Invasion of murine intestinal M cells by Salmonella typhimurium inv mutants severely deficient for invasion of cultured cells.Infect Immun. 1996 Oct; 64(10):4363-8.II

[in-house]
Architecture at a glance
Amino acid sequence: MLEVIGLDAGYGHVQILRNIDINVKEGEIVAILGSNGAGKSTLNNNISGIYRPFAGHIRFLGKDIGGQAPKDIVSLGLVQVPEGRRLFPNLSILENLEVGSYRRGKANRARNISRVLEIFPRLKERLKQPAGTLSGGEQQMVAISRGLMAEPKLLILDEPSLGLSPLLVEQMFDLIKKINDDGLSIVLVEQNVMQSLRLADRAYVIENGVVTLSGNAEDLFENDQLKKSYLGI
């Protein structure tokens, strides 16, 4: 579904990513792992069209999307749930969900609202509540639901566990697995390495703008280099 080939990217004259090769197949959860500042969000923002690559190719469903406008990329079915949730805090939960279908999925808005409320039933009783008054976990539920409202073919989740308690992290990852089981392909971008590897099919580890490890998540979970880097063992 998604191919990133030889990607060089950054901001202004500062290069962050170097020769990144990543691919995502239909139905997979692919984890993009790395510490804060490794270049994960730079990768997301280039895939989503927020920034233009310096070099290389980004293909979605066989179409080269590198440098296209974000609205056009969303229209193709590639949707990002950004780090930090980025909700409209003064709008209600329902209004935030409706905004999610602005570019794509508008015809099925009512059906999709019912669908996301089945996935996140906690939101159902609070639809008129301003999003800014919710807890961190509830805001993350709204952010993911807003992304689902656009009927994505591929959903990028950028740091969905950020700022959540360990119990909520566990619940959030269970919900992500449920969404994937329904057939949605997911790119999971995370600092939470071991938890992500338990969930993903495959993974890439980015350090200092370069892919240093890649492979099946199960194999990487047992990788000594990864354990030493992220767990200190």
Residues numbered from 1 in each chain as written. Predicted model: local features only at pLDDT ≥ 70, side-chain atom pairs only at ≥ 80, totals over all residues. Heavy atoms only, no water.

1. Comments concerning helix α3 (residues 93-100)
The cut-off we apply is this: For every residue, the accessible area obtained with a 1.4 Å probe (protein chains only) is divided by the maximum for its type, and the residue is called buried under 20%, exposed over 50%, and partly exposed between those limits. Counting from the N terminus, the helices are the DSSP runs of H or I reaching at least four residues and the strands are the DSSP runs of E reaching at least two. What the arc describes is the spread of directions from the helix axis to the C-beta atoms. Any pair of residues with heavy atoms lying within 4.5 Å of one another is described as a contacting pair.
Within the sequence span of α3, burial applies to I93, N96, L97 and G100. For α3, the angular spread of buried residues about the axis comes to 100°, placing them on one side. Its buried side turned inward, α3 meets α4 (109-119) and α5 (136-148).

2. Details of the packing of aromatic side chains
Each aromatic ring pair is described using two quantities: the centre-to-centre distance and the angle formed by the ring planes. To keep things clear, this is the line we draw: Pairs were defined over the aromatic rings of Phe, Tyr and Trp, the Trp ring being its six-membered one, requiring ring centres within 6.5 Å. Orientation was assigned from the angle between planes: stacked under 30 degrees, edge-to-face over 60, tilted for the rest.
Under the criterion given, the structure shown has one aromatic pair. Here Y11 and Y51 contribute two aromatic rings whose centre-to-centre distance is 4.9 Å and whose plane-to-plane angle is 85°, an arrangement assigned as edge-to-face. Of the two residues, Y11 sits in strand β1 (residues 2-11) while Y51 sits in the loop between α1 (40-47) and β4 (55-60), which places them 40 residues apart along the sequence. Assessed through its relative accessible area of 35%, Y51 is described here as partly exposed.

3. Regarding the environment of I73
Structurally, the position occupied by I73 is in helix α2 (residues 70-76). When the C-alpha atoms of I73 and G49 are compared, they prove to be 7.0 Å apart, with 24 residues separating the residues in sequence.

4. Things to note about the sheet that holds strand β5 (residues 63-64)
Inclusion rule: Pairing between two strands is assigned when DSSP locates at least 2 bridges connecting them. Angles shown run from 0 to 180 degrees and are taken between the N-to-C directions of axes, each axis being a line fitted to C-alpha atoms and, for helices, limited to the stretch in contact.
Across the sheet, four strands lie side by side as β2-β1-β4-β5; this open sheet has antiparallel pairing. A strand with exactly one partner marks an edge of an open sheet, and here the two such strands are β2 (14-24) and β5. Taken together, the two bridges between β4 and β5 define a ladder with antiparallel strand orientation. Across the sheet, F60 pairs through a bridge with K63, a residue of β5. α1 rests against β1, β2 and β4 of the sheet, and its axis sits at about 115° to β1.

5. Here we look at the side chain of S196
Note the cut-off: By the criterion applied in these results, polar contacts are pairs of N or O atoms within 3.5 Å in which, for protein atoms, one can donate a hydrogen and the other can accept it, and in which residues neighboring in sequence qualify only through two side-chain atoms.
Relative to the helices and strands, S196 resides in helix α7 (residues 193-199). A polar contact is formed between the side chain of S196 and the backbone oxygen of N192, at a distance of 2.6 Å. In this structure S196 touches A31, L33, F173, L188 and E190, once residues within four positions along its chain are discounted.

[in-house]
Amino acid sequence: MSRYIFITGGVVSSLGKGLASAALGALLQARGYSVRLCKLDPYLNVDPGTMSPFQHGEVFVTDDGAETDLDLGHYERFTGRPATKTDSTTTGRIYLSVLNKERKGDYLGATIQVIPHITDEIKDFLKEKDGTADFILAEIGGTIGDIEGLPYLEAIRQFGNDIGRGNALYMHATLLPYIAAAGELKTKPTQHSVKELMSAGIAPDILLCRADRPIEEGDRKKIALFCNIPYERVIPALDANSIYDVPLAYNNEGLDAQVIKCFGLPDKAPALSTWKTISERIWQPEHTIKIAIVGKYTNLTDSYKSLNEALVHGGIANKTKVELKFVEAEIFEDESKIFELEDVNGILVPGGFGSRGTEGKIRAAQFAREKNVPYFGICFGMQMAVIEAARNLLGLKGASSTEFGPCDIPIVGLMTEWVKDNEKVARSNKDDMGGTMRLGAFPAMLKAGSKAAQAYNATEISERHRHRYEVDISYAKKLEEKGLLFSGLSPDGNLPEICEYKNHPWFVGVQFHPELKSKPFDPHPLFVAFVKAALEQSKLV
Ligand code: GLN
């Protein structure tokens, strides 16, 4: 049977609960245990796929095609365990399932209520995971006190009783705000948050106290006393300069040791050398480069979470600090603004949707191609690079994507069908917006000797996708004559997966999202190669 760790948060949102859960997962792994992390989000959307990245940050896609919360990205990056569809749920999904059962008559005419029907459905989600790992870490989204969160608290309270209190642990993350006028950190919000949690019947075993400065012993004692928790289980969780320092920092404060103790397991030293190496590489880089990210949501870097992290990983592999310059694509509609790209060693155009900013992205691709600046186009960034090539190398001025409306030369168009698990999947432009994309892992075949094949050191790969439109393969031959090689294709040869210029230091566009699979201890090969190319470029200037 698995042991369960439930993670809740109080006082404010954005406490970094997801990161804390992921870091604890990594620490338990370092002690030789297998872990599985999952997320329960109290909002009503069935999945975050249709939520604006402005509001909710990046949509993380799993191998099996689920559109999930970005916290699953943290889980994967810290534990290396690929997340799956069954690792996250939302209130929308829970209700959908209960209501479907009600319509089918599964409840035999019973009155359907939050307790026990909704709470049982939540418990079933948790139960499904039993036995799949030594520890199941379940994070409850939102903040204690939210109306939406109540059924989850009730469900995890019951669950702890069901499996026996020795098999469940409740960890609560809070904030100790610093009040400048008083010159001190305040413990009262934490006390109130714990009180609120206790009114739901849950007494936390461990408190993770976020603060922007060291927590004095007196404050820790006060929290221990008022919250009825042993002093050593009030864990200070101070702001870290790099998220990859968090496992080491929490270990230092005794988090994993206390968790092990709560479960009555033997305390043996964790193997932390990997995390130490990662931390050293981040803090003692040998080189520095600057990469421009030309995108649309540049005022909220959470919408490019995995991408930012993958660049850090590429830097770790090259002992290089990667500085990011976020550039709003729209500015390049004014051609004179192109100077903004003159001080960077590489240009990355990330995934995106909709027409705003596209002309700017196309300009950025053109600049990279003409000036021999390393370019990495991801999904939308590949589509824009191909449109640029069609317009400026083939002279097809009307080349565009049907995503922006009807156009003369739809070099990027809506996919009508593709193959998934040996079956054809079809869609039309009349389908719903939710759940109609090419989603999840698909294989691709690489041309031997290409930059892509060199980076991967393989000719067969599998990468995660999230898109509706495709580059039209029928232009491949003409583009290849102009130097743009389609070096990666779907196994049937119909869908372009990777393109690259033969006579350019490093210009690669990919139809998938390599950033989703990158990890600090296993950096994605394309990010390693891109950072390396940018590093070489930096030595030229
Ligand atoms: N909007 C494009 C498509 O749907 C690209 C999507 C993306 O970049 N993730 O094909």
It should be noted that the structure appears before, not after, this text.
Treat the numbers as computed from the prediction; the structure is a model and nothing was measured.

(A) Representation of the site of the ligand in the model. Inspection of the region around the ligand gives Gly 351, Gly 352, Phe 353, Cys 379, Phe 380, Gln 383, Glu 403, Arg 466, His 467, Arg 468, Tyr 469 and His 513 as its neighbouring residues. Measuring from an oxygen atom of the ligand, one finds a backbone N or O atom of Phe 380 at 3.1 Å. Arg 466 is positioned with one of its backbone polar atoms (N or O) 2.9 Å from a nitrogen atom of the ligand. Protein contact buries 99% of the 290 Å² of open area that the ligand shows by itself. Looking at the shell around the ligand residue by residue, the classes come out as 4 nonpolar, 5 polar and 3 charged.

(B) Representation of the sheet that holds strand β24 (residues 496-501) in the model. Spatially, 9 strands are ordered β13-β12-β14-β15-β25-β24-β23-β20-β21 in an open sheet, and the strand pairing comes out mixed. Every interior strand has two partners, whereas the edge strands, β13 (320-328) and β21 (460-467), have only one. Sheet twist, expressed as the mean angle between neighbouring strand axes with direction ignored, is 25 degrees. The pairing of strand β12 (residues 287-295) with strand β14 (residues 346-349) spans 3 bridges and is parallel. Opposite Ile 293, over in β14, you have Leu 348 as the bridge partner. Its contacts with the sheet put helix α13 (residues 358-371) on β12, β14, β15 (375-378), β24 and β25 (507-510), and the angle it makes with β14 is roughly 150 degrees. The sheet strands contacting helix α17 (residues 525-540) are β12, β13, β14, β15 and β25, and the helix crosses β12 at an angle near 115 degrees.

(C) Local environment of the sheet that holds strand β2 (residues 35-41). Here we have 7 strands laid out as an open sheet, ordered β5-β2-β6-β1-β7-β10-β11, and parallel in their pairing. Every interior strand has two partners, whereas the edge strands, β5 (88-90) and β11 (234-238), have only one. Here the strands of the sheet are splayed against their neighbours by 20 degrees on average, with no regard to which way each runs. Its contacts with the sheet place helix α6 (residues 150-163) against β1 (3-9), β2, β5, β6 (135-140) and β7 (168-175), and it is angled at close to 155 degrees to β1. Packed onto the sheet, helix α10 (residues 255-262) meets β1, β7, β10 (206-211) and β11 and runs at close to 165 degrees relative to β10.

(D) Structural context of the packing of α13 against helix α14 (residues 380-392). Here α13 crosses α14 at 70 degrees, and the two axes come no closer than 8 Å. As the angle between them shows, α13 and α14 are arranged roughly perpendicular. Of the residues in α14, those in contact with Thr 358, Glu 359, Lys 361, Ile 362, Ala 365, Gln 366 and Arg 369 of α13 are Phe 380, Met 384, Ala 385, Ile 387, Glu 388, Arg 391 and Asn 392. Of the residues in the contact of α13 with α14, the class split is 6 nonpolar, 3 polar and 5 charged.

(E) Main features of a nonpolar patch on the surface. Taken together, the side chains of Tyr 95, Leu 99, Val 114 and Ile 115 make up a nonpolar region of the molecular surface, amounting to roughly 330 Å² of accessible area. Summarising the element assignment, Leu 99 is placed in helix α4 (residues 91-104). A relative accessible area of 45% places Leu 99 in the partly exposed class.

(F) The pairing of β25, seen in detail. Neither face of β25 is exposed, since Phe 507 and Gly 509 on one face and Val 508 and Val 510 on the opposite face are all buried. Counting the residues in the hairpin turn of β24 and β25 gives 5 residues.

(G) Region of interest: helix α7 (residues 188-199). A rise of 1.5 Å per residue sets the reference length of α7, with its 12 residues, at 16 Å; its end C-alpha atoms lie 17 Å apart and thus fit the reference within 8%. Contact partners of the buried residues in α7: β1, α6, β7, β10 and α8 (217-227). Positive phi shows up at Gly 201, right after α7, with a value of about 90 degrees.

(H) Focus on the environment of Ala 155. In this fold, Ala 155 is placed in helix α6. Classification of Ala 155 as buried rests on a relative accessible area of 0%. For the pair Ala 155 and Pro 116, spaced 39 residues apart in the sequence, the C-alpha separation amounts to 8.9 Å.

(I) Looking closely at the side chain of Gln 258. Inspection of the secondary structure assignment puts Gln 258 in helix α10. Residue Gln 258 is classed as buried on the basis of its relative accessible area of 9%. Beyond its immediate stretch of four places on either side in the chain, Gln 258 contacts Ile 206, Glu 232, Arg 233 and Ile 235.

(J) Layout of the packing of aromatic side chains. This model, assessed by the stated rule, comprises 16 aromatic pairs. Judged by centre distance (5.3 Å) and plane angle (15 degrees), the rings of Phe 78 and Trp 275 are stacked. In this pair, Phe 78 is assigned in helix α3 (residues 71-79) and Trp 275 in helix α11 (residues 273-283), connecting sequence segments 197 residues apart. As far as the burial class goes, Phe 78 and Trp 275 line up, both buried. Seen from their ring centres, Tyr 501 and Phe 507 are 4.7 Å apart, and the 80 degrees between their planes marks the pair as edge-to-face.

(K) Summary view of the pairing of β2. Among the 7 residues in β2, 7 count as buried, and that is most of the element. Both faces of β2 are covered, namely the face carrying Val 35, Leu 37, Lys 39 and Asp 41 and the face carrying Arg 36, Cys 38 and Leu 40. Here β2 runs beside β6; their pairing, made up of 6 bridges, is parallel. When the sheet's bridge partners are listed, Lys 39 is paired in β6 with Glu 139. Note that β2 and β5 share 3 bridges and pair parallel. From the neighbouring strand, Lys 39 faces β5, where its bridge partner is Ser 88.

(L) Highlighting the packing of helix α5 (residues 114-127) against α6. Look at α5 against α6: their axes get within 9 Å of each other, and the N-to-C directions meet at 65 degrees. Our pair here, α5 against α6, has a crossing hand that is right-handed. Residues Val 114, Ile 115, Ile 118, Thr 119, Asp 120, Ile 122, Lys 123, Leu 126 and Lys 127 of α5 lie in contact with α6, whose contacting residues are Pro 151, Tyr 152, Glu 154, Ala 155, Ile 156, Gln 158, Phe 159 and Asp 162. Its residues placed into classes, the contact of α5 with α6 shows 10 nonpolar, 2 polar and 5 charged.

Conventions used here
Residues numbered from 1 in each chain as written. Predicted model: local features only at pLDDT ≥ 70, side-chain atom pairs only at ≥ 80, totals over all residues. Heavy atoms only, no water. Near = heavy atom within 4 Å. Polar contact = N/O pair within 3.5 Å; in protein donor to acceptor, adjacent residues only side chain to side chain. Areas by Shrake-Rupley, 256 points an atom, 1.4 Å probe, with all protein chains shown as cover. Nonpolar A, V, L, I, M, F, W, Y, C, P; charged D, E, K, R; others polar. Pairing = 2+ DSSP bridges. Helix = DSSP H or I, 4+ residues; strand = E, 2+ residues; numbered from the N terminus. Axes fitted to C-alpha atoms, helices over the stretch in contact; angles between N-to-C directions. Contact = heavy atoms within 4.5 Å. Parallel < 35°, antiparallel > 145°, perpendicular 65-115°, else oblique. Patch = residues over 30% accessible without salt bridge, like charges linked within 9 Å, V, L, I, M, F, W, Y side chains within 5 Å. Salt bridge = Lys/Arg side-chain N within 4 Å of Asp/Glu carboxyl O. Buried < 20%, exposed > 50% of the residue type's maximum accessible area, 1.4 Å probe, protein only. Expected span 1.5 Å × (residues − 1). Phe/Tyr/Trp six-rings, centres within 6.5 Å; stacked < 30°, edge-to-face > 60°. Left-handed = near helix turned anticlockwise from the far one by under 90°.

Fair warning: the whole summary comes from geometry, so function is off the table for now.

We have examined the role of the Salmonella typhimurium inv locus in invasion of the murine intestine. Previous studies have demonstrated that M cells within the lymphoid-follicle-associated epithelia are the primary site of intestinal invasion by S. typhimurium. In this study, we show that mutants possessing defects in one of two inv genes, invA or invG, which render them severely deficient for invasion of polarized epithelial MDCK cells, retain their ability to actively invade mouse Peyer's patch M cells. The interaction of these mutants with M cells was associated with apical membrane remodelling resembling that induced by wild-type strains. These data demonstrate that Salmonella invasion in vivo can proceed via mechanisms other than those previously defined in cultured cells.